Get the Pelvic ‘Floor-One-One’

**By Kathleen Kobashi, MD, FACS, FPMRS**

While pelvic floor health disorders can seem alienating, it is important to know that you’re not alone and there are a variety of ways to treat bothersome symptoms.

The pelvic floor is a group of muscles in the pelvic region, that can be described as a “hammock” of ligaments that sling between the pubic bone in the front and the tailbone in the back. For women, these muscles and ligaments work to support and control the uterus, vagina, bowel and bladder; whereas for men, they support just the bowel and bladder.

As a multidisciplinary team, the members of the Pelvic Floor Center at Virginia Mason treat virtually every pelvic floor health issue that can be experienced by both men and women. In this article we’ll dive into common health problems associated with the pelvic floor and why maintaining pelvic floor health is so important. Pelvic floor disorders can become huge quality-of-life issues that can interfere with our daily activities. It is vital for us to be aware that there are successful, minimally invasive treatment options available.

Common health issues associated with the pelvic floor

When it comes to pelvic floor health issues, there are several key terms to remember, like incontinence and prolapse. Incontinence is the lack of control of bladder or bowel function resulting in leakage, while prolapse is the displacement or dropping of pelvic organs through a weak pelvic floor, much like a hernia. There are other pelvic floor disorders that may result in the opposite problem of difficulty emptying the bladder or bowel.

Mother and daughter drinking coffeeThe two most common forms of urinary/bladder incontinence are stress and urgency leakage. Stress incontinence is the involuntary release of urine from coughing, sneezing or other similar actions and is commonly (but not exclusively) experienced by women who have had vaginal delivery of babies. Aging, genetics and gravity can also play a role. Conversely, urgency incontinence is exactly as it sounds – when nature calls, you don’t always have a say in when you answer, and it is urgent. This form of incontinence can be caused by the consumption of dietary irritants, such as coffee or wine, that aggravate the bladder, as well as hormonal changes that make the bladder more irritable. In men, urgency can also be related to prostate enlargement.

Fecal/bowel incontinence (aka accidental bowel leakage) is an involuntary loss of bowel control that can result in stool abruptly leaking from the rectum. Disorders associated with bowel function can range from constipation to complete loss of control of the bowel, and everything in between.

Prolapse occurs when pelvic organs – such as the bladder, uterus, bowels, vagina or rectum – drop down into or outside of the anus or vaginal canal. Prolapse can be due to a number of issues, including pregnancy, childbirth, obesity, chronic respiratory issues, constipation and cancer in the pelvic region.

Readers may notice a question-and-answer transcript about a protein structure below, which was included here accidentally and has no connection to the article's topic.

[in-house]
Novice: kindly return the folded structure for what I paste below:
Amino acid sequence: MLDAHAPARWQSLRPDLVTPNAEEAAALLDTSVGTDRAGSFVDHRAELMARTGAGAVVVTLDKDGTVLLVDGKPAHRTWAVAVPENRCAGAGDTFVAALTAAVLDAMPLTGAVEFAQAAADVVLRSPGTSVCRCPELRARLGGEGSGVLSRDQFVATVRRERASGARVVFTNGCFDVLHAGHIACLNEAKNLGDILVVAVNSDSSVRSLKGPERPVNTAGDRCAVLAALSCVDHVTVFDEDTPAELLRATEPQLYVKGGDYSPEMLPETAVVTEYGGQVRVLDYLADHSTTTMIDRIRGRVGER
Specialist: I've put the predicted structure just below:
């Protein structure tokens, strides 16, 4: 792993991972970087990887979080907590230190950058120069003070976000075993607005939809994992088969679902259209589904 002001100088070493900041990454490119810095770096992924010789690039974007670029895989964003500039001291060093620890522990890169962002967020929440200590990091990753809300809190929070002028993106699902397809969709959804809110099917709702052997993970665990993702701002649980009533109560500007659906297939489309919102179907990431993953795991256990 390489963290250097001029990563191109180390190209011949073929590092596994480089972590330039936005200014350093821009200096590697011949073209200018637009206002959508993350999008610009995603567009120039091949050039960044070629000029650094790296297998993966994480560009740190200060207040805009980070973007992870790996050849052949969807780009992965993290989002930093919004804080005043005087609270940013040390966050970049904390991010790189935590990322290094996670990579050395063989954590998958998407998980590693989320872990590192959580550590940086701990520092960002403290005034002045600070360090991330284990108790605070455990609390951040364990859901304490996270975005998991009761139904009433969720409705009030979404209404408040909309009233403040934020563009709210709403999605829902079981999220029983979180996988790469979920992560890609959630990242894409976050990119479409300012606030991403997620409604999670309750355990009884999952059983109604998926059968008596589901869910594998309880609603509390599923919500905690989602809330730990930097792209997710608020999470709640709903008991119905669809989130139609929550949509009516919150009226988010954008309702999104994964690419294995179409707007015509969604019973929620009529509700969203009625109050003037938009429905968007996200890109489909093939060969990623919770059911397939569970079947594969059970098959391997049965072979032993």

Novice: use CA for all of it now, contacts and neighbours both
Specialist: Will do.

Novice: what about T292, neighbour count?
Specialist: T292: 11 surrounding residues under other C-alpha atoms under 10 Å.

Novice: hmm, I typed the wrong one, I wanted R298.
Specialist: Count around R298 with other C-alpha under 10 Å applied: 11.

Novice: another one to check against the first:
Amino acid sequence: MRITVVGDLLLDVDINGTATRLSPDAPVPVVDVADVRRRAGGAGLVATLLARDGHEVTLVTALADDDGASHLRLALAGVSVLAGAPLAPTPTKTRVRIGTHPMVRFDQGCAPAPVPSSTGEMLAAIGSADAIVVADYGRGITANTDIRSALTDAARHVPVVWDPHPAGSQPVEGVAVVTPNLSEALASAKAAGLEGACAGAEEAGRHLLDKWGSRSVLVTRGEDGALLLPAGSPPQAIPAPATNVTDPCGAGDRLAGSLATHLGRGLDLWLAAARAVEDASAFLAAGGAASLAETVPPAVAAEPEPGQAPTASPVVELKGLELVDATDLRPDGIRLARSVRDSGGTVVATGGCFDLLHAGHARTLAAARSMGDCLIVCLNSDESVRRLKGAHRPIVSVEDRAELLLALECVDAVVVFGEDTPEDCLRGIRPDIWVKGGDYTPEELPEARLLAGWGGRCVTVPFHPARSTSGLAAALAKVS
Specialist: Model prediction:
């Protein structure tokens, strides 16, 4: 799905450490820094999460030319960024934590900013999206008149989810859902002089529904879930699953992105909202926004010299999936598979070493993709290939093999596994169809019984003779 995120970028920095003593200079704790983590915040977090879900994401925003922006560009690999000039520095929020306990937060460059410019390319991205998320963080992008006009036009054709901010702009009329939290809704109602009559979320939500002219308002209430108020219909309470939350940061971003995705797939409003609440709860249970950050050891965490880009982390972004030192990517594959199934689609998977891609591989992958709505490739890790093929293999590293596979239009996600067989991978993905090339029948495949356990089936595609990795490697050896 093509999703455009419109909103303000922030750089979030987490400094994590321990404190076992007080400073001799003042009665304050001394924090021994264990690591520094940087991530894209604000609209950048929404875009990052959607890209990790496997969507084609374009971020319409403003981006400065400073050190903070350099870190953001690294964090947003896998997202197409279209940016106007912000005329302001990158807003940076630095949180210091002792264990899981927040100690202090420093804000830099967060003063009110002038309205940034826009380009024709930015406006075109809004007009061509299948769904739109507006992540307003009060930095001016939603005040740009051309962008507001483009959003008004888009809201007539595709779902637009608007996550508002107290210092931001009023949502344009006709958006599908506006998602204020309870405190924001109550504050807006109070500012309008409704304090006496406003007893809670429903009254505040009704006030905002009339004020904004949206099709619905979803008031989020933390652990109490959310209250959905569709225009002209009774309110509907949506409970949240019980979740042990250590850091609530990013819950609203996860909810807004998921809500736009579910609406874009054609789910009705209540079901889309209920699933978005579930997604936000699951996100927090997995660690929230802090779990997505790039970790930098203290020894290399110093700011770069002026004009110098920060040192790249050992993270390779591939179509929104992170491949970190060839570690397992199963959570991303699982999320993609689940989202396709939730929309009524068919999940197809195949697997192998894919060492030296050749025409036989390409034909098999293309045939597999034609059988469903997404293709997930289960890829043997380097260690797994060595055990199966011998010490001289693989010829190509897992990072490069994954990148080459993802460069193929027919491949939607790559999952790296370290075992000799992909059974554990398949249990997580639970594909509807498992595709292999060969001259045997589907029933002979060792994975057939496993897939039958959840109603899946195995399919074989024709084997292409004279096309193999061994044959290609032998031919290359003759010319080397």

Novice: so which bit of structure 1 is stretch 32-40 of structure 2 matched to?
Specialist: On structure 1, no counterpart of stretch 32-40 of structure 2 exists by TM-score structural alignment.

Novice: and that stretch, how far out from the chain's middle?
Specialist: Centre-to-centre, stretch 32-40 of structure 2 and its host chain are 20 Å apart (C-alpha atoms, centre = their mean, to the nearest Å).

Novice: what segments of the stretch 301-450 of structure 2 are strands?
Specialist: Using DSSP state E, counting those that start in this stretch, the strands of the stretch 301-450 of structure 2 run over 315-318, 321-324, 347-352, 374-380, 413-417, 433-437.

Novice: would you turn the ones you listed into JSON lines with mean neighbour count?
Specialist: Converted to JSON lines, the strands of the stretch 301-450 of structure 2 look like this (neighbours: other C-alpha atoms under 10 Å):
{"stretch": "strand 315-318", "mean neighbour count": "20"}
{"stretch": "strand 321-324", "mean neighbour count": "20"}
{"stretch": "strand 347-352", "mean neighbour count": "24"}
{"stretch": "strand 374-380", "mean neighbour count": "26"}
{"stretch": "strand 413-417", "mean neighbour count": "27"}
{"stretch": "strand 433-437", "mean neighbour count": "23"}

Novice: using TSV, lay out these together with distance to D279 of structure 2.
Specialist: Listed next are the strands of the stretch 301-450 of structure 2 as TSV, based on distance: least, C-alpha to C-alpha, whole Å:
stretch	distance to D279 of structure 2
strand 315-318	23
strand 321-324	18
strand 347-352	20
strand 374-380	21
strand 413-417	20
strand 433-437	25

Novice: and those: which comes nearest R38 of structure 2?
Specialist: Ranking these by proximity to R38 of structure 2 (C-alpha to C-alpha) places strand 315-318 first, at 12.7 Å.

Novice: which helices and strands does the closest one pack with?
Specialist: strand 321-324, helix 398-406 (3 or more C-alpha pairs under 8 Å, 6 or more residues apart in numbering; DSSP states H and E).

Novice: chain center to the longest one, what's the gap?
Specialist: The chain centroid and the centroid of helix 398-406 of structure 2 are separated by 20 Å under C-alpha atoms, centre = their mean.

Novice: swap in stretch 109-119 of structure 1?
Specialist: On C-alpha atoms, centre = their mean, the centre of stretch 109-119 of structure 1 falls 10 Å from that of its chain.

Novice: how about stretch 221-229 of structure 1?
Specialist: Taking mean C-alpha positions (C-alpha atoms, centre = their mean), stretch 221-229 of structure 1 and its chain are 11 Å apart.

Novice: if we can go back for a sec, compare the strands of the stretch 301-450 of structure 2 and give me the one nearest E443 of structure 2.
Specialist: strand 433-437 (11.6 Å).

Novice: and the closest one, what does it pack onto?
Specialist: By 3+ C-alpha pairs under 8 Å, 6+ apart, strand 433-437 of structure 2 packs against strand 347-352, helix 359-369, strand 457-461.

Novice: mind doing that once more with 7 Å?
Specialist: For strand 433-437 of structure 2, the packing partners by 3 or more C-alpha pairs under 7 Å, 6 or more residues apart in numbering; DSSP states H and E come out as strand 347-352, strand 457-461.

Signs to look out for and when to see your doctor

If you’re concerned you might be dealing with a pelvic floor problem, here are a few signs and symptoms:

  • Urinary/bladder incontinence – symptoms can include leakage of urine with coughing, sneezing or exercise, and can also be associated with a sudden, intense and often uncontrollable urge to urinate. Other lower urinary tract symptoms may include frequent urination, slow or dribbling streams of urine or the inability to completely empty your bladder.
  • Fecal/bowl issues – symptoms can include chronic bloating, constipation, diarrhea or involuntary loss of fecal matter.
  • Pelvic organ prolapse – symptoms can include a feeling of fullness in the pelvic floor or vagina, a feeling that something is “falling” out of the anus or vagina, discomfort with sexual intercourse, urinary or fecal incontinence, a sense of trapping of stool or the inability to completely empty your bowels.

It’s important to note that any combination of the symptoms above can occur.

The importance of pelvic floor health

Given the critical bowel, bladder and sexual functions these muscles support, keeping your pelvic floor healthy and strong is crucial. There are a variety of exercises that can be done to improve overall pelvic floor health and functionality, with some of the more common ones being Kegels. Working your pelvic floor regularly is especially important for women in order to minimize the risk of developing prolapse, incontinence or other pelvic health issues that stem from pregnancy or aging.

If you’re experiencing any one or combination of the symptoms discussed above for an extended period of time, it may be time to call and arrange a visit with your doctor. From there, they can work with you to decide your best course of treatment, whether that’s pelvic floor therapy or proceeding with some tests that can help identify the root cause of your problem and facilitate treatment planning.